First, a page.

On this episode of Broad & High, an artist profile: Dennis DeVendra, a blind woodturner. Also a look at Dangerdust, the anonymous chalk artist duo from Columbus College of Arts and Design, Helping Hands Center an arts & autism based in Clintonville, Petali Teas and D’Art the Gallery Kitty at Dublin Arts Council.
Local Somalis continue protest one year after shooting death
Members of Columbus’ Somali community today are commemorating the one-year anniversary of a controversial shooting. 23-year-old Nasir Abdi was shot and killed by a Franklin County Sheriff’s Deputy last year while officers where trying to take him for treatment. Deputies say he was armed. But some witnesses say they did not see a weapon and the shooting was unnecessary.
Protesters stood in front of the Franklin County courthouse holding signs calling for justice and a stop to police discrimination. They say Abdi’s death was unnecessary. Officers were called to Abdi’s east-side home last year after a mental health care professional signed an affidavit to have him treated for schizophrenia. Officers say when they arrived he was waving a knife and acting aggressively. Court documents say after a brief struggle Deputy Jason Evans fired one round into Abdi’s chest.
Several witnesses told police they did not see a knife, and the deputies were too quick to use deadly force. East-side resident Abdi Rahim Sheikh was among the protesters.
“The community is very upset on how the events developed, and the police officers were not accountable,” Sheikh says. “Those same police officers that were supposed to take people to hospitals, not kill them.”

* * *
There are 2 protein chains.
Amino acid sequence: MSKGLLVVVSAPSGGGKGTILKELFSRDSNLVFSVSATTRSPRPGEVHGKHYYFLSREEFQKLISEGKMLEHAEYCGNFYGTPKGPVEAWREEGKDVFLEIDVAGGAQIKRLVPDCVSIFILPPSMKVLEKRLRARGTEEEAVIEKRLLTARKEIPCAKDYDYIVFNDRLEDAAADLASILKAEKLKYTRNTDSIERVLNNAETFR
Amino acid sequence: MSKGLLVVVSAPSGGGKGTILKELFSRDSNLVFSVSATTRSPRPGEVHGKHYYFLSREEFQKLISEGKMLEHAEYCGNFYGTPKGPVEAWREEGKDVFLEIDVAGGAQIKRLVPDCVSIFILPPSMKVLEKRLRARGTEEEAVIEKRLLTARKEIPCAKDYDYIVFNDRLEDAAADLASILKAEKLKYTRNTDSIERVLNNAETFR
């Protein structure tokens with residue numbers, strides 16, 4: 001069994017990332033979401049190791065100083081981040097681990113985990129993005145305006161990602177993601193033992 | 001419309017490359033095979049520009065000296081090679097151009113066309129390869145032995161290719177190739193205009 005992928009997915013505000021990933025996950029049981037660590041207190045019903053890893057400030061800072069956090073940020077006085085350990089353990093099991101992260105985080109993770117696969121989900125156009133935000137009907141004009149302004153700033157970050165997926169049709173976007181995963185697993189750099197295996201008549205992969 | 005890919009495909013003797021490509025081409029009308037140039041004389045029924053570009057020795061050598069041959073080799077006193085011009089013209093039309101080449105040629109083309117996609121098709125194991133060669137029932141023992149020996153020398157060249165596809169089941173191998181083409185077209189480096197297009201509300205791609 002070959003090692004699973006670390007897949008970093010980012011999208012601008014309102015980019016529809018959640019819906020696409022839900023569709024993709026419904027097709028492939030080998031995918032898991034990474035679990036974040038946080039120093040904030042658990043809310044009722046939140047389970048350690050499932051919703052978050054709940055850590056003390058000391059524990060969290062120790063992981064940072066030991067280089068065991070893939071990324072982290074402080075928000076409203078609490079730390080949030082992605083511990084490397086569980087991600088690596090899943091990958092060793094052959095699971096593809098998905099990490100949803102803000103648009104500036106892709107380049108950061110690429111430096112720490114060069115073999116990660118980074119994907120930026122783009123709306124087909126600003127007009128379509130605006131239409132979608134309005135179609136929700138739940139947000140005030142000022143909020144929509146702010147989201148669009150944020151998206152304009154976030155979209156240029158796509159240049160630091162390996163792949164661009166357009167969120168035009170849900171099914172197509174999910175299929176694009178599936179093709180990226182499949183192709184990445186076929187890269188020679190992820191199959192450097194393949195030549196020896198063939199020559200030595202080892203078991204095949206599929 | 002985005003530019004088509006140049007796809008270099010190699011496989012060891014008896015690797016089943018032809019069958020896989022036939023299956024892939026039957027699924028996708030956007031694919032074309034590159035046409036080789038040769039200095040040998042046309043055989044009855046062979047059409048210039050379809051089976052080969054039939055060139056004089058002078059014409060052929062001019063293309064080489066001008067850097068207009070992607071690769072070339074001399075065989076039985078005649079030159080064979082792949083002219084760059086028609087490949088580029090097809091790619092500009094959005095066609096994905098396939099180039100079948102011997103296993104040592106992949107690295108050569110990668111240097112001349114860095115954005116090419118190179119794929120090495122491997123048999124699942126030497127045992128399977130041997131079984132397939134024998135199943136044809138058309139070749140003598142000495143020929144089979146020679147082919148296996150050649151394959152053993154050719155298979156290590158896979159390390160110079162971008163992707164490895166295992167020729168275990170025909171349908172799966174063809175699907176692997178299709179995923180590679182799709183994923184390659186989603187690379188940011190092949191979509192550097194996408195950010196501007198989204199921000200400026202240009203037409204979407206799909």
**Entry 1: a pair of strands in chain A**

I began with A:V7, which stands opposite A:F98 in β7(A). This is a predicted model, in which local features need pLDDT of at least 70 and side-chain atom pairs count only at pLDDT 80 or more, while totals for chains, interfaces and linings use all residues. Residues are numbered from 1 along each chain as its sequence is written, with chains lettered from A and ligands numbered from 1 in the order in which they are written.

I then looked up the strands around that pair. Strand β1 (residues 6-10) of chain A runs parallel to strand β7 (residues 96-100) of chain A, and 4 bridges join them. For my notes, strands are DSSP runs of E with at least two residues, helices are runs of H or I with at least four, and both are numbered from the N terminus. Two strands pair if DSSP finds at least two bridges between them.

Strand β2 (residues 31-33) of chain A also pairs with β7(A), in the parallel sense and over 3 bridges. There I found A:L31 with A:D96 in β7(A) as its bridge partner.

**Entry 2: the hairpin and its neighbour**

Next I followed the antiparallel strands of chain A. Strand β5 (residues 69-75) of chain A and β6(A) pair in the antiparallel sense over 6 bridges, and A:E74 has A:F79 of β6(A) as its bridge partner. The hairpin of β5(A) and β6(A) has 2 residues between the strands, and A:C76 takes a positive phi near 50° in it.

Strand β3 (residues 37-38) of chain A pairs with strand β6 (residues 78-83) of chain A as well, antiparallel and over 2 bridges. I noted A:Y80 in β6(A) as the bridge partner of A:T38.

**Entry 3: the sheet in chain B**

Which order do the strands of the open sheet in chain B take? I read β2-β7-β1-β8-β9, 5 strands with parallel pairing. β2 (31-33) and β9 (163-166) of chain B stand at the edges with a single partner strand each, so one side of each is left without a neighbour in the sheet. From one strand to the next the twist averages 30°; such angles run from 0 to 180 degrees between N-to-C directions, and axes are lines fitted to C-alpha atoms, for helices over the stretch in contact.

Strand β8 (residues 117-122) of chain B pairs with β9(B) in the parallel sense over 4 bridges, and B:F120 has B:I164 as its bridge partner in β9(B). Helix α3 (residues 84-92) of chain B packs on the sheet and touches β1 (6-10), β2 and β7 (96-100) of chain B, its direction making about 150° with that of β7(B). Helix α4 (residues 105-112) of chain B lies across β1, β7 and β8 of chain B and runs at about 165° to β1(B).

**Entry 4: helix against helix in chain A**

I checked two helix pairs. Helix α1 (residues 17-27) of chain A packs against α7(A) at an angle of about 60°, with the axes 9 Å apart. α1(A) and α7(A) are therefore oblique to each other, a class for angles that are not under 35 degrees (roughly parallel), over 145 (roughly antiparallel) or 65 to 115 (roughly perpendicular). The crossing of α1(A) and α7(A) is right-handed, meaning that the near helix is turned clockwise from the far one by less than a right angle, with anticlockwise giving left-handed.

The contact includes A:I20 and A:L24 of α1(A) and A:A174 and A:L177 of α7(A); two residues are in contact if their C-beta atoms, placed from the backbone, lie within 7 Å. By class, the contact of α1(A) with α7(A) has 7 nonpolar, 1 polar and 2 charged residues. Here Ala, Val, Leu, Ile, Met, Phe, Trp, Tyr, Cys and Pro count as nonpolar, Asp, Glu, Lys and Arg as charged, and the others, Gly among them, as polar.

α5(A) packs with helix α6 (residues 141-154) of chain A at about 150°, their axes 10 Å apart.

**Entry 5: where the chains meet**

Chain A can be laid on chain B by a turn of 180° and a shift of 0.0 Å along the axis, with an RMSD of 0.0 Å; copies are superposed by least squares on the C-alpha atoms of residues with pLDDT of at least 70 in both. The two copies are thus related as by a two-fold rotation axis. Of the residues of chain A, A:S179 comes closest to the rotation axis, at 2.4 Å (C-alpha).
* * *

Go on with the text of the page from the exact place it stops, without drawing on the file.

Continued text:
Sheriff Jim Karnes insists Abdi did have a knife, and he lunged at the officer who shot him. Karnes declined to comment further. Prosecutors have not filed charges against any of the officers. Members of the Abdi family have filed a lawsuit against Karnes. They claim the Sheriff violated Abdi’s civil rights by not providing his deputies with adequatetraining for dealing with the mentally ill. Attorney Fred Gittes represents the Abdi family.
“He was going to be taken in for health treatment, and within 60 seconds he was dead,” Gittes says. “Even though there was no one near him, it wasn’t a hostage situation. He was standing by himself on the sidewalk.”
Franklin County Prosecutor Ron O’Brien is defending the county in the suit. He says he can not say much about the case, but he did give the county’s official response.
“The allegations that the incident itself was a violation of Abdi’s civil rights would have been denied, and the allegation that the deputies used improper or excessive force would have been denied.”
The first conference in the lawsuit is scheduled for early next year. Both sides estimate the case will last about a year. Steve Brown, WOSU News